Reynolds thought back to a recent project with a couple who loved portraiture and owned a beautiful, remodeled home in Nichols Hills. After touring their home, taking photographs and jotting down dimensions, she returned with lots of portraits she knew the couple would like, but also a broad range of other artwork.
“You really do sometimes need to get things into someone’s home and literally put them into place,” she said. “They ended up buying artwork they said they never would have if I’d only sent them an image file and said ‘What about these for this spot?’ But seeing them in their home, with the colors of the room, the lighting and how they play off of other artwork, they could actually see they were right for the space.”
Reynolds even met the couple at a local framing shop to advise on framing, matting and installation of the pieces they bought.
Tip 2: Identify Your Top Locations
Next, figure out which locations in your home are most important to you. If you spend a lot of time in your family room, consider spotlighting some framed antique artwork above your mantel. Perhaps there’s another spot in your home that you pass by or look at frequently. Think about the room, the style and the color palette.
Tip 3: Consider the Age of Your Home
Introducing lots of antique artwork into an older home might make sense initially, but it could cause your home to feel more like a museum than an inviting space for your family to enjoy. Consider more modern work in an older home, to contrast with the architecture.
The same can be said for newly constructed homes having all-new artwork.
“Having an older piece of artwork, something that has craquelure on the surface of the painting, something that clearly has a history, it adds soul to the space and creates a nice tension between this brand new home with these really nice, brand new furnishings, and the older artwork.”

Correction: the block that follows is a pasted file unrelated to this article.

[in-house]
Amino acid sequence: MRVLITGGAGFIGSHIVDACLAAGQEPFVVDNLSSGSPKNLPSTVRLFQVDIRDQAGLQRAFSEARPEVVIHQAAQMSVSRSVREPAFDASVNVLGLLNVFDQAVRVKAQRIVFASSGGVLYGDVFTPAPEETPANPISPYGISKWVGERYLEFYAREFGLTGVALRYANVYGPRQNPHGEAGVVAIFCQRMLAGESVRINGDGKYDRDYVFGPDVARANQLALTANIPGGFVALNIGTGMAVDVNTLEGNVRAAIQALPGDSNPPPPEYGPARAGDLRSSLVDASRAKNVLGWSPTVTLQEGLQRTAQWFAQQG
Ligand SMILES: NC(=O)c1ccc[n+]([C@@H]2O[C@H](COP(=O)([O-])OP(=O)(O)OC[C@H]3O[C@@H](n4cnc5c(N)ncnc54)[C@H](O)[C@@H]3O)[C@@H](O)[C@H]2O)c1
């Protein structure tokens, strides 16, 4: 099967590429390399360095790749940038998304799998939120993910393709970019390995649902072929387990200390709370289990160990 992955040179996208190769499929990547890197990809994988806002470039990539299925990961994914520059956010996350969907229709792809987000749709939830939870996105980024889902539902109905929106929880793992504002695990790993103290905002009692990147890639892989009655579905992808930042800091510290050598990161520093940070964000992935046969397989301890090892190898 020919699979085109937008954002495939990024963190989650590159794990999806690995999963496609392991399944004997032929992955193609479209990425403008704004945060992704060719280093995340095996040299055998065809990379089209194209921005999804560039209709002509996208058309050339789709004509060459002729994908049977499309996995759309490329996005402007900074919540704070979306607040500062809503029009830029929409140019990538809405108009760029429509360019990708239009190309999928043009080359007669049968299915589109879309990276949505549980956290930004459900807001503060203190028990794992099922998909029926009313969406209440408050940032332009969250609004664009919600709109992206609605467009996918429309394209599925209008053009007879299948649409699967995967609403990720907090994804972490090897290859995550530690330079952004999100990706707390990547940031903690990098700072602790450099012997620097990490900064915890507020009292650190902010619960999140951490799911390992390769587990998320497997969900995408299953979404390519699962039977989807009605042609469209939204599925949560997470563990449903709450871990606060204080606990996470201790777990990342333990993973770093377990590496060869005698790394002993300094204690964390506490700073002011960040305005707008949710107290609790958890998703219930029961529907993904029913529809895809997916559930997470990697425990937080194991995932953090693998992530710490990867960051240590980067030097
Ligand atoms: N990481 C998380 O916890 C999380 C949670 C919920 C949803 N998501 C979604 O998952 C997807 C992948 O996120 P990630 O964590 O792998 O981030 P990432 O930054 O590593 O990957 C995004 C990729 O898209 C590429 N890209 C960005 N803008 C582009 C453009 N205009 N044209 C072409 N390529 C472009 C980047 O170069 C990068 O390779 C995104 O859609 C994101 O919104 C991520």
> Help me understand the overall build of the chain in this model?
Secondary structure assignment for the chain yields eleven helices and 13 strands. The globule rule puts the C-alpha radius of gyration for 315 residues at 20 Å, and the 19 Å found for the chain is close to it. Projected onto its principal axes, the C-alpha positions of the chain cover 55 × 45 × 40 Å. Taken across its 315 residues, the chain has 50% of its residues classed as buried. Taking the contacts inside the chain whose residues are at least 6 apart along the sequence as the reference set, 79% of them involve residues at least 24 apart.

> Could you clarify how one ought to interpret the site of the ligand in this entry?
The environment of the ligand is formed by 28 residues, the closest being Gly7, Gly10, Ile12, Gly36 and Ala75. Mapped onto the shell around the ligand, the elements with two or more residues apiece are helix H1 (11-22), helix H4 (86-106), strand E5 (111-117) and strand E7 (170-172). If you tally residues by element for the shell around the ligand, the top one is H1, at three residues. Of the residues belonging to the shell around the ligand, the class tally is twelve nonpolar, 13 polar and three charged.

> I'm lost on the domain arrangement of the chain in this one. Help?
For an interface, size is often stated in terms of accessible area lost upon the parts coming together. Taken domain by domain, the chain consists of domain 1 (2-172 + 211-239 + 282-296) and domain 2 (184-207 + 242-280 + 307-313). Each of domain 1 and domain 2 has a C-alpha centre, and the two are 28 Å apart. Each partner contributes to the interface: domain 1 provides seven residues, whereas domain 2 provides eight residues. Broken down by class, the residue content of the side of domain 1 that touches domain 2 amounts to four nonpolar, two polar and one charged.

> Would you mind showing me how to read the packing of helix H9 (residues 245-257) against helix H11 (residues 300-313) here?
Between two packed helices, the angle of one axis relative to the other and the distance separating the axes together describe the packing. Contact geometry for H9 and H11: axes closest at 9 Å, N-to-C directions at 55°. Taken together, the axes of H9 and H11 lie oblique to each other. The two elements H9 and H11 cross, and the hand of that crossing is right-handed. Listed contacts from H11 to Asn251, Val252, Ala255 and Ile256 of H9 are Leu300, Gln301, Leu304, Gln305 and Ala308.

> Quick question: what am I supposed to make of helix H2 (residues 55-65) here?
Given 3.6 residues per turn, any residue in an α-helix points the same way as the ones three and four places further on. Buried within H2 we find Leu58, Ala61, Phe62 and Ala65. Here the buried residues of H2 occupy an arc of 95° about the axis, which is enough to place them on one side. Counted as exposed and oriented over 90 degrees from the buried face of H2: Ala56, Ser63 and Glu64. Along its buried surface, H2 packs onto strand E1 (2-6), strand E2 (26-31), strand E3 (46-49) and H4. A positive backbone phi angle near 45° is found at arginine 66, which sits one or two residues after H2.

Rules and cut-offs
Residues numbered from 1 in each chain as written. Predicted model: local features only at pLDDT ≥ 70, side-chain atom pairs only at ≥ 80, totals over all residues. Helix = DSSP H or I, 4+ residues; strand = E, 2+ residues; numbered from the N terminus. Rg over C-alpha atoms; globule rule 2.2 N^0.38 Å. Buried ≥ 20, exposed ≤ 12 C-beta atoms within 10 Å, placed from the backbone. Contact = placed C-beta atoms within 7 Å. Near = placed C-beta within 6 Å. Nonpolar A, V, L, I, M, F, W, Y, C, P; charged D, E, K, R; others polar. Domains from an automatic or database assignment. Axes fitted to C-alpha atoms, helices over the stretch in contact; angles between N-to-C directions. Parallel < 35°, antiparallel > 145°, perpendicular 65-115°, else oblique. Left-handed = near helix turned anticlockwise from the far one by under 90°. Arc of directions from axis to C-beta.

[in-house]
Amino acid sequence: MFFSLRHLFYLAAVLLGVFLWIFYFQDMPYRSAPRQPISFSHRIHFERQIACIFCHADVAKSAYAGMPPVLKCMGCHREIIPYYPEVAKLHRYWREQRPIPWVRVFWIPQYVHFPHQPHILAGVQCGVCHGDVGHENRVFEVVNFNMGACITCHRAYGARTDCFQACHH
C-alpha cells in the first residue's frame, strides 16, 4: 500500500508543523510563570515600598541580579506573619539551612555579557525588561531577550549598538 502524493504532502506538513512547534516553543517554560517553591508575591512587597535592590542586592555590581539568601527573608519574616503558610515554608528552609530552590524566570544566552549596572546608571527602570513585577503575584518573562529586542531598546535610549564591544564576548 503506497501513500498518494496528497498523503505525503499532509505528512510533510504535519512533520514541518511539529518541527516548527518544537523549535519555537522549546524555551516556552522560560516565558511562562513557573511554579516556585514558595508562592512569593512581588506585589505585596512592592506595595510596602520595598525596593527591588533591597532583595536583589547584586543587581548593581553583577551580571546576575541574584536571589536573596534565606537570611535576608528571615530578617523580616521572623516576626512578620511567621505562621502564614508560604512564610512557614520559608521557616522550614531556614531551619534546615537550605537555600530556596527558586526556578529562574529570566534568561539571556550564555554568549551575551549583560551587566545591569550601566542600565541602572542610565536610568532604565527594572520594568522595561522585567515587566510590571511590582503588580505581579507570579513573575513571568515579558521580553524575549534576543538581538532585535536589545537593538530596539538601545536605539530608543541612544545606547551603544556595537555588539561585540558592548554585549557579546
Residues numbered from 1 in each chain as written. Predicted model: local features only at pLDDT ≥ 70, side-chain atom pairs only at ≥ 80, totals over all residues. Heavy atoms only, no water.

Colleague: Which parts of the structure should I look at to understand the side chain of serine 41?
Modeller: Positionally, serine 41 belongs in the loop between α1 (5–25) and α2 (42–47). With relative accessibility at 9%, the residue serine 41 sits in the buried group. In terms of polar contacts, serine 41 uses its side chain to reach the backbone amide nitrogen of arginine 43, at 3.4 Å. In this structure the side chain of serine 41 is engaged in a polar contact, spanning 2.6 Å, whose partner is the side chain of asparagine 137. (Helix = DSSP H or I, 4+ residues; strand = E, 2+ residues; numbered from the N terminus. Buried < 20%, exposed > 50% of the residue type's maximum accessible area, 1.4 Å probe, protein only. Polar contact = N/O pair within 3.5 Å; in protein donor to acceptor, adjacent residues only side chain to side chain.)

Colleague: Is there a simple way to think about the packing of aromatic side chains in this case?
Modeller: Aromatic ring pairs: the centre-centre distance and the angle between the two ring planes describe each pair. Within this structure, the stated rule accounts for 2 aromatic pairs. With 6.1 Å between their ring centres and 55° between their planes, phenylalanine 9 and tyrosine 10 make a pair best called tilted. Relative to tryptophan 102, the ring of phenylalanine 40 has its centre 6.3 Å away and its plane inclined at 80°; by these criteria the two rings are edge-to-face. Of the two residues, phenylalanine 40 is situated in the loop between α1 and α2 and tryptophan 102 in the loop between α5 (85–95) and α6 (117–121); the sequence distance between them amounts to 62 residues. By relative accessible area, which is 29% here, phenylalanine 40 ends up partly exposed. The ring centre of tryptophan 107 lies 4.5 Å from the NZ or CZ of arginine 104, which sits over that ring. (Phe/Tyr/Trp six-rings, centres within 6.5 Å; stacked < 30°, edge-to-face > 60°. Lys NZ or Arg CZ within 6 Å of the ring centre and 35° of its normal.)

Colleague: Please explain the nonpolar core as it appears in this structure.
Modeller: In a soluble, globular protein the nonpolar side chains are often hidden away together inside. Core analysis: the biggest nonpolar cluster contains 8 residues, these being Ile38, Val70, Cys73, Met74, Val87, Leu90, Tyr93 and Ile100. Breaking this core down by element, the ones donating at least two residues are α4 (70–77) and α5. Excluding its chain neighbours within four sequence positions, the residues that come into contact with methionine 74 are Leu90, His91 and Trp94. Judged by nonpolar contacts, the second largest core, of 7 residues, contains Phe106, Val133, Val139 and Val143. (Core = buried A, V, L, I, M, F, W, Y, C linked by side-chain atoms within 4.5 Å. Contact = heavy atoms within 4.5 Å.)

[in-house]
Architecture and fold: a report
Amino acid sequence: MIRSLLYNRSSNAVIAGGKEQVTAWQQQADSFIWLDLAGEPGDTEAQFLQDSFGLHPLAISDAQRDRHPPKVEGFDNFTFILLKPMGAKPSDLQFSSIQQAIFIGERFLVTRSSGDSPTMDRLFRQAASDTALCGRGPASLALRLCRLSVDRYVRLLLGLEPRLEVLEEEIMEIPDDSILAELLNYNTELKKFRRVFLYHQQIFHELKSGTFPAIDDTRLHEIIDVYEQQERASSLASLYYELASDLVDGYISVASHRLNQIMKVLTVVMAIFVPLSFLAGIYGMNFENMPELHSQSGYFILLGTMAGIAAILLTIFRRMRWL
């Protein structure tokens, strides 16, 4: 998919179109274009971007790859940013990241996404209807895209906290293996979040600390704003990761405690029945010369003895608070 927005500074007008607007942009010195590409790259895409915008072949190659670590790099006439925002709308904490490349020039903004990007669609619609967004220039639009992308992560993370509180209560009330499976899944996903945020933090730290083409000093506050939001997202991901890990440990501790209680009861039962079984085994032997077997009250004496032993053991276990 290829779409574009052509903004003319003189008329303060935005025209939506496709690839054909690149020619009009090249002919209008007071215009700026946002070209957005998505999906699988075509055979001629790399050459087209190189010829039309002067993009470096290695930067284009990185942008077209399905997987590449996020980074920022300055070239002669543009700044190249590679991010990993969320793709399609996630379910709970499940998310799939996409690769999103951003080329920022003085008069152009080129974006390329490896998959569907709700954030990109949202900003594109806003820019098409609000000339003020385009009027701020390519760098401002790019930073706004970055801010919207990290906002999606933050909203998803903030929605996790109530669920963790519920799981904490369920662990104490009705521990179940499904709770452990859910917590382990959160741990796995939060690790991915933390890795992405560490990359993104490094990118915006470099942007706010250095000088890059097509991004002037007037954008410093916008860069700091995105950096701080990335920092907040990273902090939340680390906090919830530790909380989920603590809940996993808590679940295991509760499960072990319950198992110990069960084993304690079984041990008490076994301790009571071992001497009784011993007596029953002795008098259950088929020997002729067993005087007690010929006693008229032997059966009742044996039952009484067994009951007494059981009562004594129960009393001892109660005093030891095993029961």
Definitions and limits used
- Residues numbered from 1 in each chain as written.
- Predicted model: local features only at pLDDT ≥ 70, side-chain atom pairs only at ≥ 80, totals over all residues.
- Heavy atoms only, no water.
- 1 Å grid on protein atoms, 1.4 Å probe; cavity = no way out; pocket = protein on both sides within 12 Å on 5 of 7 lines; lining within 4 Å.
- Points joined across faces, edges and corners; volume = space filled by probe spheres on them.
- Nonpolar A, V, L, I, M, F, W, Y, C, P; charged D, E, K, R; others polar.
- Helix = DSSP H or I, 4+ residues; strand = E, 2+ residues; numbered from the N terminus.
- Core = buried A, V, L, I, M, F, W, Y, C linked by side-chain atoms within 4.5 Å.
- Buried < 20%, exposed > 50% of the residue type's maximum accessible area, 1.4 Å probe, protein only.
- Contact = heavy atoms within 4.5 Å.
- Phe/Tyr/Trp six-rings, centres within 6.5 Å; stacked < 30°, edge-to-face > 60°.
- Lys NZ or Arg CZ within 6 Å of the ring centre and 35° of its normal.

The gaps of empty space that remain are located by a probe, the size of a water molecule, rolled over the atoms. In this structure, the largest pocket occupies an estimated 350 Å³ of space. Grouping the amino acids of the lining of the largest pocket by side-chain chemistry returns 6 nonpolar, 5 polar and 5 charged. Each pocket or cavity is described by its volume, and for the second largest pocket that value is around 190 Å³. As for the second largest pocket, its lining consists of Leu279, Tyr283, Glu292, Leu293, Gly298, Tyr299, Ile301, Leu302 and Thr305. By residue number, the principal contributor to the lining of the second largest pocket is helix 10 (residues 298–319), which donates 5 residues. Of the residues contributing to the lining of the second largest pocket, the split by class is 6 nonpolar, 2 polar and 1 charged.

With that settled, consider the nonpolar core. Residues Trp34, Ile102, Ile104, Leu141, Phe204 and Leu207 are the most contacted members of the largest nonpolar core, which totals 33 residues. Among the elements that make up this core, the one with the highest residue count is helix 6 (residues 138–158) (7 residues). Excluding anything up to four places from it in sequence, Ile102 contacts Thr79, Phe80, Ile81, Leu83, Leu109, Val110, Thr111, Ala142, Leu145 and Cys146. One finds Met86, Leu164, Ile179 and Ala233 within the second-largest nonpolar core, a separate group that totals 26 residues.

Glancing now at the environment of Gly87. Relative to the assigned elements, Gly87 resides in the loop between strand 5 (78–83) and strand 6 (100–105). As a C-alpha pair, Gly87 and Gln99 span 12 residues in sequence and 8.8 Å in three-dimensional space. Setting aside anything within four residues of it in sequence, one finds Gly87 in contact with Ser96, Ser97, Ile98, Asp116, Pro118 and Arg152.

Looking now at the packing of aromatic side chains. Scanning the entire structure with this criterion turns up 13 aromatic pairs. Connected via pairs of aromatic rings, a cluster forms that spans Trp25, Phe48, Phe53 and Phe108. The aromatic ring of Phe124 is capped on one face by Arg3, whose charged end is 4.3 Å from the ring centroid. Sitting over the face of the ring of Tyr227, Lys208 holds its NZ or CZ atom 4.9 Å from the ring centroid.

Tip 4: Take Your Time
You’ll have much better luck filling your space with antique artwork you love if you take your time, Reynolds said.
“If you’re new to collecting and you want to put some older artwork in your home, I would avoid having that ‘get it all done in one fell swoop’ impulse; buy piece by piece instead,” she said, adding that it’s OK to buy two or three pieces at a time if they really speak to you.
“If you see something like that, truly, buy it, because it’ll be gone if it’s a one-of-a-kind piece.”
Tip 5: Mix Up Your Media, Artists and Colors
Diversity is key. If you’re leaning toward lots of colors, consider sprinkling in some black-and-white artwork like charcoal sketches or black-and-white photography that won’t fight with other colors.
Shoot for a variety of artists as well, whether that’s age, male versus female artists or country of origin. Their points of view and how they see the world will be different, making your art collection all the more interesting.
And lastly, mix up your media. Sure, incorporate paintings on canvas, but don’t forget drawings, sculptures and photographs.
Now that you’re equipped with the know-how to incorporate antique artwork into your home, get more style inspiration from our blog! Learn how to create your own audio room or decorate your nightstand.